The enormous duty of ensuring that the management and planning of the existing water supply are appropriately leveraged and remain safe to use for as long as possible may fall to water resource engineers. They may also be involved in water treatment to raise the quality of the water for a variety of purposes, including recreational, commercial, and industrial ones.
Energy Systems Engineer
Engineers of energy systems are in charge of maintaining and enhancing the energy systems in factories, buildings, and other locations. They work to increase energy efficiency and research how it affects the economy, the environment, and climate change.
Waste Management Specialist
System development and administration are the responsibilities of waste management professionals. They put an emphasis on recycling, trash reduction, and environmental preservation. They focus on establishing objectives, putting policies into effect, and gauging how effectively the plans are working.
Job Outlook After Completing a Degree in Environmental Engineering
By 2031, it is expected that there will be 45,800 projected employment; riding on the government projection that demand for environmental engineers will be optimistic in the years to come. The Bureau of Labor Statistics projects that the employment of environmental engineers will grow 4% from 2021 to 2031, about as fast as the average for all occupations when compared.
How Much Do Environmental Engineers Earn?
Environmental Engineers are tasked to be the guardians of the environment that we live in. With that responsibility comes a great salary, as they are among those professionals earning high salaries.
The Bureau of Labor Statistics reports that in May 2021, Environmental engineers earned a median annual salary of $96,820 in the US. The richest 10% made more than $153,200, while the lowest 10% made less than $59,820, an awesome prospect for future Environmental Engineers.
Air Quality Engineer
Surveys from the government are one thing to look at when we gather data, but this is a specific range of an Air Quality Engineer’s salary from Glassdoor.
Water Resource Engineer
Water Resources Engineers make an enjoyable salary of 76,388 USD average total pay per year in the US.
Are Environmental Engineering Fulfilled and Satisfied at Work?
According to a survey conducted by CareerExplorer, environmental engineers have a career satisfaction rating of 2.9 out of 5 stars, which places them in the bottom 23% of careers in terms of happiness. This disparity in satisfaction may be because of the working conditions in the field.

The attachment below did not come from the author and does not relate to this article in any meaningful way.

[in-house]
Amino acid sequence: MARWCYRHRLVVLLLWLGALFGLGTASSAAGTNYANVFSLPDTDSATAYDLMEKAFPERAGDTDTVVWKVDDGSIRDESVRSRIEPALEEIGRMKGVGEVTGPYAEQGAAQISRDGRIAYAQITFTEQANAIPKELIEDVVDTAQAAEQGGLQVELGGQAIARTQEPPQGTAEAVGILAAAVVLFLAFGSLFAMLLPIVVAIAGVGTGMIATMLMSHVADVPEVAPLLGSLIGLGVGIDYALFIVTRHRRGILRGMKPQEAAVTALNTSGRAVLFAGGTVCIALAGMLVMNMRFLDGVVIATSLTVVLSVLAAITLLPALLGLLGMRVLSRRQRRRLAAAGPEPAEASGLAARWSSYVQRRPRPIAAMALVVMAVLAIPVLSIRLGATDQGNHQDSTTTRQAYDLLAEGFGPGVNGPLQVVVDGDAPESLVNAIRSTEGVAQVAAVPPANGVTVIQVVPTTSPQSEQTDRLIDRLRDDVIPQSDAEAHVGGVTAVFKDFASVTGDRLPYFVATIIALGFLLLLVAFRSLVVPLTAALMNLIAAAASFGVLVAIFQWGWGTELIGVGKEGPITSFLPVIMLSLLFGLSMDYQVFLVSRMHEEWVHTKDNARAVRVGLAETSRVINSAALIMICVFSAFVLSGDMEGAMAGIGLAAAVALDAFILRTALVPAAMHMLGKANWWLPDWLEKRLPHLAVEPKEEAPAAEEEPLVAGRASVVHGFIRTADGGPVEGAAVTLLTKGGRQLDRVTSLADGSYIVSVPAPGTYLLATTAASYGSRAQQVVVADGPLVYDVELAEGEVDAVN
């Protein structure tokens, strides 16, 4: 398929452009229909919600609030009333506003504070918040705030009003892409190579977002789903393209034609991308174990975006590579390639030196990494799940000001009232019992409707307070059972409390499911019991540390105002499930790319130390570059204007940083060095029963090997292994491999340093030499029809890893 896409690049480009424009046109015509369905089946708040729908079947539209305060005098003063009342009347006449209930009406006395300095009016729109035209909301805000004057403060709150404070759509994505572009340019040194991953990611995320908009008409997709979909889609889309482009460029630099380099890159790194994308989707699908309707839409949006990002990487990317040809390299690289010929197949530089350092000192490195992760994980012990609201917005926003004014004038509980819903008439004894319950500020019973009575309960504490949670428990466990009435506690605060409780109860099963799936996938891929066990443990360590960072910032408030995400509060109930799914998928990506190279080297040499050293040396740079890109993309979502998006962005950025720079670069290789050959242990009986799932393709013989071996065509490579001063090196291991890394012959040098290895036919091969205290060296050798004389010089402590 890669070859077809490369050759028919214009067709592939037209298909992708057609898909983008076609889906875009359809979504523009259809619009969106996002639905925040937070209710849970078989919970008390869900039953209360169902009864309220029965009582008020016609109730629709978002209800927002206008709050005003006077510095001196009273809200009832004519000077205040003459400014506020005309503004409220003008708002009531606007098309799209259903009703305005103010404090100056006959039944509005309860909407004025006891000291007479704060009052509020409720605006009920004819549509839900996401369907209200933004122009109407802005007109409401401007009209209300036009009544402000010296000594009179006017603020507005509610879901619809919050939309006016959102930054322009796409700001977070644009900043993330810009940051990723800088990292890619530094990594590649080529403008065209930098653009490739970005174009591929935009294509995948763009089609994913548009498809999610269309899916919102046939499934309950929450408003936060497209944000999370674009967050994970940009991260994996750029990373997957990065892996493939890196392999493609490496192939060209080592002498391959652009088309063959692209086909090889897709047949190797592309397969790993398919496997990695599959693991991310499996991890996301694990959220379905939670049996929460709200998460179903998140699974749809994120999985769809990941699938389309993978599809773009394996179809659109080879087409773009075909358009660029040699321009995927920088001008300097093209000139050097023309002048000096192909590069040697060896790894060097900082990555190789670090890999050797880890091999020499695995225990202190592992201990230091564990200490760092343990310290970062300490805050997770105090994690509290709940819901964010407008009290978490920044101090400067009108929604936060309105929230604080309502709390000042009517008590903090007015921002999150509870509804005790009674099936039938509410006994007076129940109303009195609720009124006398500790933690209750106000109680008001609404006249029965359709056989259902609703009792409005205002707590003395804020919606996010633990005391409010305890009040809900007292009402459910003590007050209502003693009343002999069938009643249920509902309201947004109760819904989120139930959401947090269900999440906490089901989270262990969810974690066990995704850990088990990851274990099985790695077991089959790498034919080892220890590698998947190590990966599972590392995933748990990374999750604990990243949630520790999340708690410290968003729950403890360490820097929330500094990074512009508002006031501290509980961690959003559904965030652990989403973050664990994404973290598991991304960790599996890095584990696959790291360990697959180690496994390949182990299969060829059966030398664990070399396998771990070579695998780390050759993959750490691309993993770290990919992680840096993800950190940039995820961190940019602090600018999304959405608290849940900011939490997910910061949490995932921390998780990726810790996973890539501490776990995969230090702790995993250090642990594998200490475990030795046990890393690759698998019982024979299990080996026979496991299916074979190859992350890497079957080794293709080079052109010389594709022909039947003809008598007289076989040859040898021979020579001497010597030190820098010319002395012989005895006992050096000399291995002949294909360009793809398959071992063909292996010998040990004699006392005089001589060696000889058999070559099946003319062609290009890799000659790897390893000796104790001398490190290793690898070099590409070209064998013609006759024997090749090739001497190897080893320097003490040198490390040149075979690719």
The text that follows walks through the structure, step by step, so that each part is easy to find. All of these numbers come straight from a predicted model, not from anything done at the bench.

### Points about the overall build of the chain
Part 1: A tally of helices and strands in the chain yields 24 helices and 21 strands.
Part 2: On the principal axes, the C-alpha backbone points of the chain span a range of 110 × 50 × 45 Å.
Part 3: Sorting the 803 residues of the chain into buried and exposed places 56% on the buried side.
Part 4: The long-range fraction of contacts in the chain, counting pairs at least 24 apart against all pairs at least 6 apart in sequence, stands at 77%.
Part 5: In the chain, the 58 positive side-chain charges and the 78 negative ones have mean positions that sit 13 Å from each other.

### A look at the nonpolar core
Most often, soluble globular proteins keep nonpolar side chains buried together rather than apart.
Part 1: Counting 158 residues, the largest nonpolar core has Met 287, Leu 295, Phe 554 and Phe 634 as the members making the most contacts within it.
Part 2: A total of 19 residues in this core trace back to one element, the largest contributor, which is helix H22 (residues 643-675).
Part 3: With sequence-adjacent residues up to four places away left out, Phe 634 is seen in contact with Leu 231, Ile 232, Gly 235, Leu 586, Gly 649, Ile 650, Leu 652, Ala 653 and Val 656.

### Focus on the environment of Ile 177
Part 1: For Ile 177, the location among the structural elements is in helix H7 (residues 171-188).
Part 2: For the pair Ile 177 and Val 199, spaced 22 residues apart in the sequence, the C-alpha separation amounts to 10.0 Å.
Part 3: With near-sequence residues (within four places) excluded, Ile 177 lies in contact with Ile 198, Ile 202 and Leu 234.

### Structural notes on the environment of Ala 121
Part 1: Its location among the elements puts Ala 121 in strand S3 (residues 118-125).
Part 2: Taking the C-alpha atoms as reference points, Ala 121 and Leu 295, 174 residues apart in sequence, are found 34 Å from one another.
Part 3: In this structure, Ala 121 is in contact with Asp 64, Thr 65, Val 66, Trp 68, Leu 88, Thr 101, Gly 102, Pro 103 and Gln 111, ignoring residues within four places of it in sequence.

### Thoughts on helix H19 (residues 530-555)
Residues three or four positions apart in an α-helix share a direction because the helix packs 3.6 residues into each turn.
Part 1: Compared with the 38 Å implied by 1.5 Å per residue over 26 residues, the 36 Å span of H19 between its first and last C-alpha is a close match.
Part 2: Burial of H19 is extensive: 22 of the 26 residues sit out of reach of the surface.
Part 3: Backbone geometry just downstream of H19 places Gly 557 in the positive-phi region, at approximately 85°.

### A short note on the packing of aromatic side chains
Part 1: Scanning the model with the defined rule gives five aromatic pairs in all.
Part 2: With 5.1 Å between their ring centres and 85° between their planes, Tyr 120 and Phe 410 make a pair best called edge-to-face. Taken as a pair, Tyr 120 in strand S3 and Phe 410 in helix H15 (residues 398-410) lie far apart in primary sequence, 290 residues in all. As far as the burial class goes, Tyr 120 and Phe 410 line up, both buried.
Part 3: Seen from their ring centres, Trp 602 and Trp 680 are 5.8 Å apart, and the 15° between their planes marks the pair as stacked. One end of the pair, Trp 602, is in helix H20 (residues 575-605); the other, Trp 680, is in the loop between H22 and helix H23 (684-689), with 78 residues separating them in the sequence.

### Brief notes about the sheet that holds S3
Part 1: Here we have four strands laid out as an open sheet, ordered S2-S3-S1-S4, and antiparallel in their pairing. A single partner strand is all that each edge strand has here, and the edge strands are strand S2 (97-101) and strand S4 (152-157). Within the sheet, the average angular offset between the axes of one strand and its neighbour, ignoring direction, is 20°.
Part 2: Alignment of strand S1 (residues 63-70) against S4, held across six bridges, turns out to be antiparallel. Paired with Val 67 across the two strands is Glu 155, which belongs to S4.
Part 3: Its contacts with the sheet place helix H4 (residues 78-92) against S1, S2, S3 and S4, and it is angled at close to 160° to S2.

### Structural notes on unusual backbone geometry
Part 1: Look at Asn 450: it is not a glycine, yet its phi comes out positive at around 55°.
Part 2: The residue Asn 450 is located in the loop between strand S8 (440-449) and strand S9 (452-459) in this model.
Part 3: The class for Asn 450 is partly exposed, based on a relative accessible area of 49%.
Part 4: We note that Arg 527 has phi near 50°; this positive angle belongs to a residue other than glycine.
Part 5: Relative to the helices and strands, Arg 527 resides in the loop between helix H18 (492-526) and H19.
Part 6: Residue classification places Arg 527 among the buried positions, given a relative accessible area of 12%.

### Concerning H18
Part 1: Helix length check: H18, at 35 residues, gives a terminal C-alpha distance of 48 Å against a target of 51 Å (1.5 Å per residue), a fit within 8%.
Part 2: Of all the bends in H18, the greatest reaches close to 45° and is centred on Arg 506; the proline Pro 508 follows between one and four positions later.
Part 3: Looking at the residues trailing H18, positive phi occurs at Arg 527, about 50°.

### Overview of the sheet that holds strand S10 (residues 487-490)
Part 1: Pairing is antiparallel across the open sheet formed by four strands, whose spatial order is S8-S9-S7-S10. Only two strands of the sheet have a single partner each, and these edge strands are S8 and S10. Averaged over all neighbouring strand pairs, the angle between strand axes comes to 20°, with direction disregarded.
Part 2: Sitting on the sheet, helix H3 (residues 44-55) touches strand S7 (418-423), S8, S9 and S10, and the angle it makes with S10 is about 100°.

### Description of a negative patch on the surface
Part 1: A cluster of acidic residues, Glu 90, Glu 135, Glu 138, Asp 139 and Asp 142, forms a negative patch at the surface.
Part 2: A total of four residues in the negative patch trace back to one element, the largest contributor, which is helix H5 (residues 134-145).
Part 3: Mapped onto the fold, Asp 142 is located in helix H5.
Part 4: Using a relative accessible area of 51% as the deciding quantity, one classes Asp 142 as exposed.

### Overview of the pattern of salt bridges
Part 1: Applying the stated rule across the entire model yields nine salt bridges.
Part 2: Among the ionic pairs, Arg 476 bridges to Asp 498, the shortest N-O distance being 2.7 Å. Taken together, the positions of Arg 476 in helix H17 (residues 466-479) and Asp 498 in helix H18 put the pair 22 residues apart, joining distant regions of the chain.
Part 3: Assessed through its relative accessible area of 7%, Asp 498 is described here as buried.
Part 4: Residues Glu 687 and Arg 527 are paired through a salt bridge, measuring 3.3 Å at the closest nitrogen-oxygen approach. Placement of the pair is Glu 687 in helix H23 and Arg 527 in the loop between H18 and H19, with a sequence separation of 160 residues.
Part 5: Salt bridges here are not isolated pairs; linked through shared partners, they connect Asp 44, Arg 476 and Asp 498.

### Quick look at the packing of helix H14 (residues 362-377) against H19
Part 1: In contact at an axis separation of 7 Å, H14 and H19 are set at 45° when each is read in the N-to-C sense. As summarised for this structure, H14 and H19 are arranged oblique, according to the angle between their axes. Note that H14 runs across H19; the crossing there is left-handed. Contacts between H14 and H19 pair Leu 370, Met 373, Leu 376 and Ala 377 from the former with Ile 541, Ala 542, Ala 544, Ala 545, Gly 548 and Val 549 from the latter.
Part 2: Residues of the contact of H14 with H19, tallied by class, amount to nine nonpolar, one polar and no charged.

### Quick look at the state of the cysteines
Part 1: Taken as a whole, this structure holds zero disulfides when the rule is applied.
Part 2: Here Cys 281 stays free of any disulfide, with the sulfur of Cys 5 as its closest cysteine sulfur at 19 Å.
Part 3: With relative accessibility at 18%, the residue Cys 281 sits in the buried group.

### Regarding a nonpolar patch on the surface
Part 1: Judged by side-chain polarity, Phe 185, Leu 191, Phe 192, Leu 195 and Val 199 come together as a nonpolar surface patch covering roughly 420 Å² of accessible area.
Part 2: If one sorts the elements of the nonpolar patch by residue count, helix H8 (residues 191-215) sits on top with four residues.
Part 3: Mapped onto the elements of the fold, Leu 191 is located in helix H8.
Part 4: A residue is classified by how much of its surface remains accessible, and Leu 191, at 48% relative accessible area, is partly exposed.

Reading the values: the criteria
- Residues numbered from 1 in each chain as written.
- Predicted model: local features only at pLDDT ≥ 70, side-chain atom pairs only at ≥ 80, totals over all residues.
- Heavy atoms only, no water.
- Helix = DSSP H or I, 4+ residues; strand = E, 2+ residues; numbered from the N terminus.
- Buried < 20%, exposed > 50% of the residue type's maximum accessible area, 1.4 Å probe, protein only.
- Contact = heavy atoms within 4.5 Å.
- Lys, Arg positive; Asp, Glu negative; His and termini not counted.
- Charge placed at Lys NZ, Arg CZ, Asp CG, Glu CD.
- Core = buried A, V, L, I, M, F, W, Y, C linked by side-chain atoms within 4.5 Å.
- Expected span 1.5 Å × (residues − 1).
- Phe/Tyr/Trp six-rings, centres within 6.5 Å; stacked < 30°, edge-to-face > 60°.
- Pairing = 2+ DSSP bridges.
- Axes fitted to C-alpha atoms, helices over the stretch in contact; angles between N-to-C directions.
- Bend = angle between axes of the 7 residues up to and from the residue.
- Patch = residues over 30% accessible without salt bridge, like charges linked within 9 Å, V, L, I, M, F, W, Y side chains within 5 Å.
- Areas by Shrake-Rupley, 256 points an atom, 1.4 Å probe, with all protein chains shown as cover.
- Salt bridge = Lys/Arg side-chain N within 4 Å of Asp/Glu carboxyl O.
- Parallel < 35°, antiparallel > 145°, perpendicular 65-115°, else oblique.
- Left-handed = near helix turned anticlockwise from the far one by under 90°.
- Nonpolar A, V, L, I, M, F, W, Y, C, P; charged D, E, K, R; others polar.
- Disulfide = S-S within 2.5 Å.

How Are Environmental Engineering Graduates Faring in the Real World?
We went to Reddit to learn how Environmental Engineers fare in the real world.
This particular Reddit user said that water resources, air, advanced chemistry, and other environmental-based courses are a good idea also to study when you study Environmental Engineering systems.
What do they do, actually?
Commonly, they work to solve environmental challenges and protect the environment. Their goal is to promote a healthy and sustainable relationship between human activities and the environment.
But, according to a Reddit user, he works in consulting and aids businesses with environmental compliance, according to this Reddit user. He deals with plans, monitoring, reporting, and permits. He works on numerous environmental projects, and uses rental initiatives, including those involving stormwater, hazardous waste, quality of air, and others. He finds their work intriguing and constantly changing, and he appreciates the variety of clients and sectors they work with.
Is a Degree in Environmental Engineering Right for You?
At this point, chances are you may have already decided to take delve into this degree. I advise you to hold off on that major decision and answer this sheet first:
|Interest Are you interested in the field of natural sciences?|
|FoundationDo you have a strong foundation in mathematics and basic knowledge of Ecology?|
|DedicationAre you willing to dedicate significant time and effort to completing a rigorous curriculum?|
|ComfortAre you comfortable working with complex systems and difficult sites of work?|
|Problem-SolvingDo you enjoy problem-solving and critical thinking?|
|Continuous LearningAre you willing to continuously learn and adapt to new technologies and advancements in the field?|
|CollaborationAre you prepared to work independently and as part of a team?|
|ChallengeAre you willing to take on challenging projects and meet tight deadlines?|
|AptitudeDo you have an aptitude for Nature?|
|Career AspirationsAre you interested in pursuing a career in Environmental Engineering and willing to invest in higher education?|